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News in brief: week beginning 11 August 2014

Pre-Raphaelites in the judiciary, Slater & Gordon's impressive profits and Manchester firm shut

18 August 2014

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Rural crime: Agricultural crime cost the UK's rural economy £44.5m in 2013, an increase of 5.2 per cent from 2012. NFU Mutual, an insurer that provides cover for three quarters of farmers in the UK, found that criminals are stealing flocks of sheep and high-value vehicles, tools and farm chemicals.


Paper mache: President of the Supreme Court, Lord Neuberger, has compared judges to Pre-Raphaelites and Impressionists. Judicial Pre-Raphaelites, he said, read all the paperwork in advance of a case, whereas judicial Impressionists read very little, "often just skimming the skeleton arguments." Neuberger said he was tied to the latter category.


Meticulous suicide: A right-to-die campaigner made detailed plans before committing suicide which included leaving a letter addressed to the Director of Public Prosecutions. Elizabeth Egan had reportedly campaigned in favour of right-to-die for 20 years and made arrangements before her suicide as to not incriminate her family. The coroner described the planning as "meticulous."


Luxury living: The High Court has ordered a former white-collar criminal to pay £650,000 after the Crown Prosecution Service argued that Terry Adams lived a luxury lifestyle, despite claiming to be penniless. Adams was ordered in 2007 to pay back over £4m under the proceeds of crime act and for his publicly-funded defence. Adams however applied for a certificate of inadequacy in order to get the debt written off.


Super turnover: Australian firm Slater & Gordon has announced an impressive turnover increase for the 2013/14 financial year. Net profit after tax rose 47. 2 per cent to £33.7m, £15.1m of which was attributed to activity in the UK. Group managing director Andrew Grech reportedly said the acquisitions made in the UK were "running smoothly" and that the "integration of all acquired firms is well-progressed."


Human rights: The European Court of Human Rights (ECHR) has ruled that ten Scottish prisoners who were denied the right to vote in the 2009 European elections should not be paid compensation. However, the ECHR did rule that prisoners rights' were breached by disallowing them the vote.


Unworkable fees: Resolution has criticised new enforcement fees applicable to Child Maintenance Service Collect and Pay cases. The new system will charge parents who ask for help in collecting maintenance from paying parents who have failed to contribute. Stephen Lawson, Resolution family lawyer, said the charges will have a "disproportionate impact on vulnerable families."


Approachable website:
North west-based firm Fletchers Solicitors has launched, an online legal service aimed at reaching out to victims of medical negligence. Head of the website's legal team said it is "designed to be much more approachable and supportive than the offering from most traditional law firms."


Firm shut: A Manchester-based firm has been closed by the Solicitors Regulation Authority (SRA) due to suspected grounds of dishonesty. Robert Meaton & Co's website now automatically redirects to the law firm Stephensons, who are handling client files for the firm.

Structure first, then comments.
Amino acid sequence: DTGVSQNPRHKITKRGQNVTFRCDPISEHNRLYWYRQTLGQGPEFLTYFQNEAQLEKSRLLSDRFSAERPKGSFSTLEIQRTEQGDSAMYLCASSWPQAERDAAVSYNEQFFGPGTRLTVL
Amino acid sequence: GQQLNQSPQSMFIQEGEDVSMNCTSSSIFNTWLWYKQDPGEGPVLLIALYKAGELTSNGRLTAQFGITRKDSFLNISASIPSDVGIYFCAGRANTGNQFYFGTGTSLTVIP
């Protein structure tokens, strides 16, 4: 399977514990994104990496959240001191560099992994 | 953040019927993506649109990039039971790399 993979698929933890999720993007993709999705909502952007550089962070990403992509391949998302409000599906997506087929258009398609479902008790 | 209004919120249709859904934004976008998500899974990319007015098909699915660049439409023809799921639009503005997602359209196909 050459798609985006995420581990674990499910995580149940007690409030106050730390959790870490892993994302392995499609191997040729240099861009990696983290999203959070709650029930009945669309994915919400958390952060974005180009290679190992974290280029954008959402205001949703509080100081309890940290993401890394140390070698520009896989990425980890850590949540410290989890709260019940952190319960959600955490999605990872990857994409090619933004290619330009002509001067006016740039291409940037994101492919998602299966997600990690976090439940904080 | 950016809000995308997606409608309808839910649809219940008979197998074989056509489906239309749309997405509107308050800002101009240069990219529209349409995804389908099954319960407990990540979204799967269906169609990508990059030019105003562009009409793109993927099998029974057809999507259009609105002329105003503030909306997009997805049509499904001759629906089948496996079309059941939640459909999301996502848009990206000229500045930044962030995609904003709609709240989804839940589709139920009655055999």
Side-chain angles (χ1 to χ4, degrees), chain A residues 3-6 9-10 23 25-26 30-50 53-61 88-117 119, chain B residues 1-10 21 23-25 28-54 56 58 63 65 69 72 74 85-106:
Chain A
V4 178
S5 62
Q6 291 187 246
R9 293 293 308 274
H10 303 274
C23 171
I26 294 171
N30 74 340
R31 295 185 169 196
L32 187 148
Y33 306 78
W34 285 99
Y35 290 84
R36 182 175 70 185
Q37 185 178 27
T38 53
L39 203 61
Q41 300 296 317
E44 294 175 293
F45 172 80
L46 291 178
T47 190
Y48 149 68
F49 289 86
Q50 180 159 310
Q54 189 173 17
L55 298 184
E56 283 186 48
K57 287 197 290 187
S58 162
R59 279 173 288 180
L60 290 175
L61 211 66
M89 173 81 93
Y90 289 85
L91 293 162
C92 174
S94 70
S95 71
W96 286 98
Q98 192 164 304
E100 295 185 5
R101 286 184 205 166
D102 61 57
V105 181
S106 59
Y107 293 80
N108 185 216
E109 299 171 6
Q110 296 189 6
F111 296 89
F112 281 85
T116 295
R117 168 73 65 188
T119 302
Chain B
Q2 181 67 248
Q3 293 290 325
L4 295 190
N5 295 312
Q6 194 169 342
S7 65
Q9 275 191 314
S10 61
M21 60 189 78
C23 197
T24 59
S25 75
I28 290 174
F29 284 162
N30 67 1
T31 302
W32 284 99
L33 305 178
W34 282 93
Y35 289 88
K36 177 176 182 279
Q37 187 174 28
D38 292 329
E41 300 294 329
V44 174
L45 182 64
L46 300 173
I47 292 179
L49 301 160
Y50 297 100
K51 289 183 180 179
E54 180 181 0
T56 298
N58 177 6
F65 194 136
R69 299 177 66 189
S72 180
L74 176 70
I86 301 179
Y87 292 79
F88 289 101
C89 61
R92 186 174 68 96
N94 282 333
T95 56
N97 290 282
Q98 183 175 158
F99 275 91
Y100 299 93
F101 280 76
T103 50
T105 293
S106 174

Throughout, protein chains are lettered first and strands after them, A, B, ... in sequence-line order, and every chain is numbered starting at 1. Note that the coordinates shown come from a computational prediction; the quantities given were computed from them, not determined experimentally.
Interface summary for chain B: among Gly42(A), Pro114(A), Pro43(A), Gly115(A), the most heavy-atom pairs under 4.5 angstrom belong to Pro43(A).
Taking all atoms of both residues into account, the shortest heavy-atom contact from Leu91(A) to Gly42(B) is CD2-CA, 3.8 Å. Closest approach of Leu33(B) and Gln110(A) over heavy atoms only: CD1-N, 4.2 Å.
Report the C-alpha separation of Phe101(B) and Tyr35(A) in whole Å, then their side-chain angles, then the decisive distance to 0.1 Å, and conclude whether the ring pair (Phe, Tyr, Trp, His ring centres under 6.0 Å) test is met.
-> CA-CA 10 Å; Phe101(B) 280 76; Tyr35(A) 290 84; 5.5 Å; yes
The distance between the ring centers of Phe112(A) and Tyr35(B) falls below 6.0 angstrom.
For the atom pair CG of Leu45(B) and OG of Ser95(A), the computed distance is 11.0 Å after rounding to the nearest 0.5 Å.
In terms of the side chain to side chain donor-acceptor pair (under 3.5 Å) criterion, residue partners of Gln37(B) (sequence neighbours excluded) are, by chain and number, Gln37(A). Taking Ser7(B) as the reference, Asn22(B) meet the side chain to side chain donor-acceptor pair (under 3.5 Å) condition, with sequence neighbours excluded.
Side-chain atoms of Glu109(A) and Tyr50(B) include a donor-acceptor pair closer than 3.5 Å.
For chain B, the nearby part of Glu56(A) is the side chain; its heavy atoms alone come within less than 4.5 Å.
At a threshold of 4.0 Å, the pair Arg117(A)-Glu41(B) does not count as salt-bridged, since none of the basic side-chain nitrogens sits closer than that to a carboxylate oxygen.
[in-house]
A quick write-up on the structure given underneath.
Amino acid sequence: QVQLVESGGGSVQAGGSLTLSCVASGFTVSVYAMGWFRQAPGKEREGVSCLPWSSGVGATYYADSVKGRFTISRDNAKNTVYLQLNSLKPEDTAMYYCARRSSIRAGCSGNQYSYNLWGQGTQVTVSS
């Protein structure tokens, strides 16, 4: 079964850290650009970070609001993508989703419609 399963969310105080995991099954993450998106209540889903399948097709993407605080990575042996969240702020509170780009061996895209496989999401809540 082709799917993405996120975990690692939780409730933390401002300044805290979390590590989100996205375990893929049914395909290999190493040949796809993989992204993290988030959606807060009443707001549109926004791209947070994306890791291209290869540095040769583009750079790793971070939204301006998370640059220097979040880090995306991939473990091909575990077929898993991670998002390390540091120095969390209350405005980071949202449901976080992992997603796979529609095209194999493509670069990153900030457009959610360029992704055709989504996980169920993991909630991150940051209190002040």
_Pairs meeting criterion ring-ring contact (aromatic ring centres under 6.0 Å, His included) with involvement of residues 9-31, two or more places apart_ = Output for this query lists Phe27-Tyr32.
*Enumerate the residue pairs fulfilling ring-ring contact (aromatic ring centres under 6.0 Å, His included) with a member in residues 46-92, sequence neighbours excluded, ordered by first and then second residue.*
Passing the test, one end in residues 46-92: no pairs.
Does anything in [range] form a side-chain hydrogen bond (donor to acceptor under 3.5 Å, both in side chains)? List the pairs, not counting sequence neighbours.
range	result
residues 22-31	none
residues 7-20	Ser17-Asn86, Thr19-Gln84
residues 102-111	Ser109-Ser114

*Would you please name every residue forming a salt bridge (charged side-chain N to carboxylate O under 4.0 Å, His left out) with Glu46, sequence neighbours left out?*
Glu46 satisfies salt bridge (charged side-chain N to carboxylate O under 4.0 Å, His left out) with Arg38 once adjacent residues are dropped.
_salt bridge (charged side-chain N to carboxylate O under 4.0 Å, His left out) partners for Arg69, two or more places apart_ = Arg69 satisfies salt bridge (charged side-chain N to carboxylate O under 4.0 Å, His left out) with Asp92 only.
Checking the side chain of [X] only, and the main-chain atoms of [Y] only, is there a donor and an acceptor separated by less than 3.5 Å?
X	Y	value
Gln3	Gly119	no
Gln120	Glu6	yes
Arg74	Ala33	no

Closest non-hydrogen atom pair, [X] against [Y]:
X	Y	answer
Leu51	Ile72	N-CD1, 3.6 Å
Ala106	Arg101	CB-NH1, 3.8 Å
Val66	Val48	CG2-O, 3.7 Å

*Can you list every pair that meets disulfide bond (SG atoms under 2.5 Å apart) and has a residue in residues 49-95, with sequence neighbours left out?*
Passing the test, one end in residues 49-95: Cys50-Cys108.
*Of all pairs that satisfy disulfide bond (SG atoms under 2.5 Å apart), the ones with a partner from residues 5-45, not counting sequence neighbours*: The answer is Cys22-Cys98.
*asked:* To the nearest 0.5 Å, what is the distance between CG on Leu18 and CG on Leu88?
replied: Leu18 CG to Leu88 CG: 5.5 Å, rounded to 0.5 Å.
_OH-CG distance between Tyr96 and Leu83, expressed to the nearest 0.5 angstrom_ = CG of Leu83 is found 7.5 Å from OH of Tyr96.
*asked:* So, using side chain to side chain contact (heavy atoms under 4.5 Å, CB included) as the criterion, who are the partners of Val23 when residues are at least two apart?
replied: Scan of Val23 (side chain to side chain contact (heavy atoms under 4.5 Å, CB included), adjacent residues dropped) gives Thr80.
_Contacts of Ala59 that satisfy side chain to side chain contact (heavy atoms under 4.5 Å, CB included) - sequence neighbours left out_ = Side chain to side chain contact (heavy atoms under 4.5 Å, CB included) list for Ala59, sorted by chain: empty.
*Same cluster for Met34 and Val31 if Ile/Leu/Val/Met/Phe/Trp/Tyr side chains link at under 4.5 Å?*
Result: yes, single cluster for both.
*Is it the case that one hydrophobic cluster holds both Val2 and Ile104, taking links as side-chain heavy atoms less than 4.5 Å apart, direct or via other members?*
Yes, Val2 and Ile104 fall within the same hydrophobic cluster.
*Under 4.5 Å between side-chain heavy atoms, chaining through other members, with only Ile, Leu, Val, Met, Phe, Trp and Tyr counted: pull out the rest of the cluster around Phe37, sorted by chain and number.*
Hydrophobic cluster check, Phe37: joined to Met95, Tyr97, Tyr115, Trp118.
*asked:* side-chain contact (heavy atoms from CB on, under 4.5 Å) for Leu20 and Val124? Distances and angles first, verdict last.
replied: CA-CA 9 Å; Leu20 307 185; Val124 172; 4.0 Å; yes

Firm expansion: The headcount in legal departments is on the rise, according to research by legal recruitment consultancy Laurence Simons. Statistics show an increase of 65 per cent in the number of legal departments, and that over a quarter of departments have already recruited externally in 2014. Forty-five per cent of departments are also set to increase internal budgets.


Anglers v canoeists:The Angling Trust has taken legal action against various Canoe bodies, demanding them to stop publishing information saying that canoeists have a general right of navigation. Fish Legal is representing the trust who are threatening to take the canoeists to court to seek "declaratory relief" over statements on their websites which they claim have encouraged an "upsurge in unlawful canoeing."


Record year: The London Legal Support Trust (LLST) has now beaten 2013 for funds raised during the London Legal Walk. An impressive £533,185 was raised from the walk in May, £3,185 more than the previous year. SJ raised £771.25 in total towards the fund. The LLST has asked for any previously undeclared funds to be sent to the organisation as soon as possible.


Fringe forbidden:A musical parody of the Fifty Shades of Grey trilogy has received a legal challenge after its opening night at the Edinburgh Fringe Festival because producers failed to clear copyright with the work's author, E.L. James. EU law introduced on 29 July would allow the production of parodies, however the legislation was delayed to 1 October.


Level field: The Institute of Economic Affairs says governments should allow competition on a level playing field between all alternative forms of money. Kevin Dowd, a professor of finance and economics at Durham University, says that bitcoin is the first currency that governments can't shut down. A level playing field may include allowing taxes to be paid in cryptocurrencies.


Marriage conversion:
The government has tabled a draft statutory instrument before parliament to amend the Same Sex Couples Act 2013, so that wills are not revoked when a civil partnership is converted to a same sex marriage. Section 18 of the Wills Act 1838 revokes all wills after a marriage unless the person who wrote the will clearly states that they expect to be married to their new spouse. SJ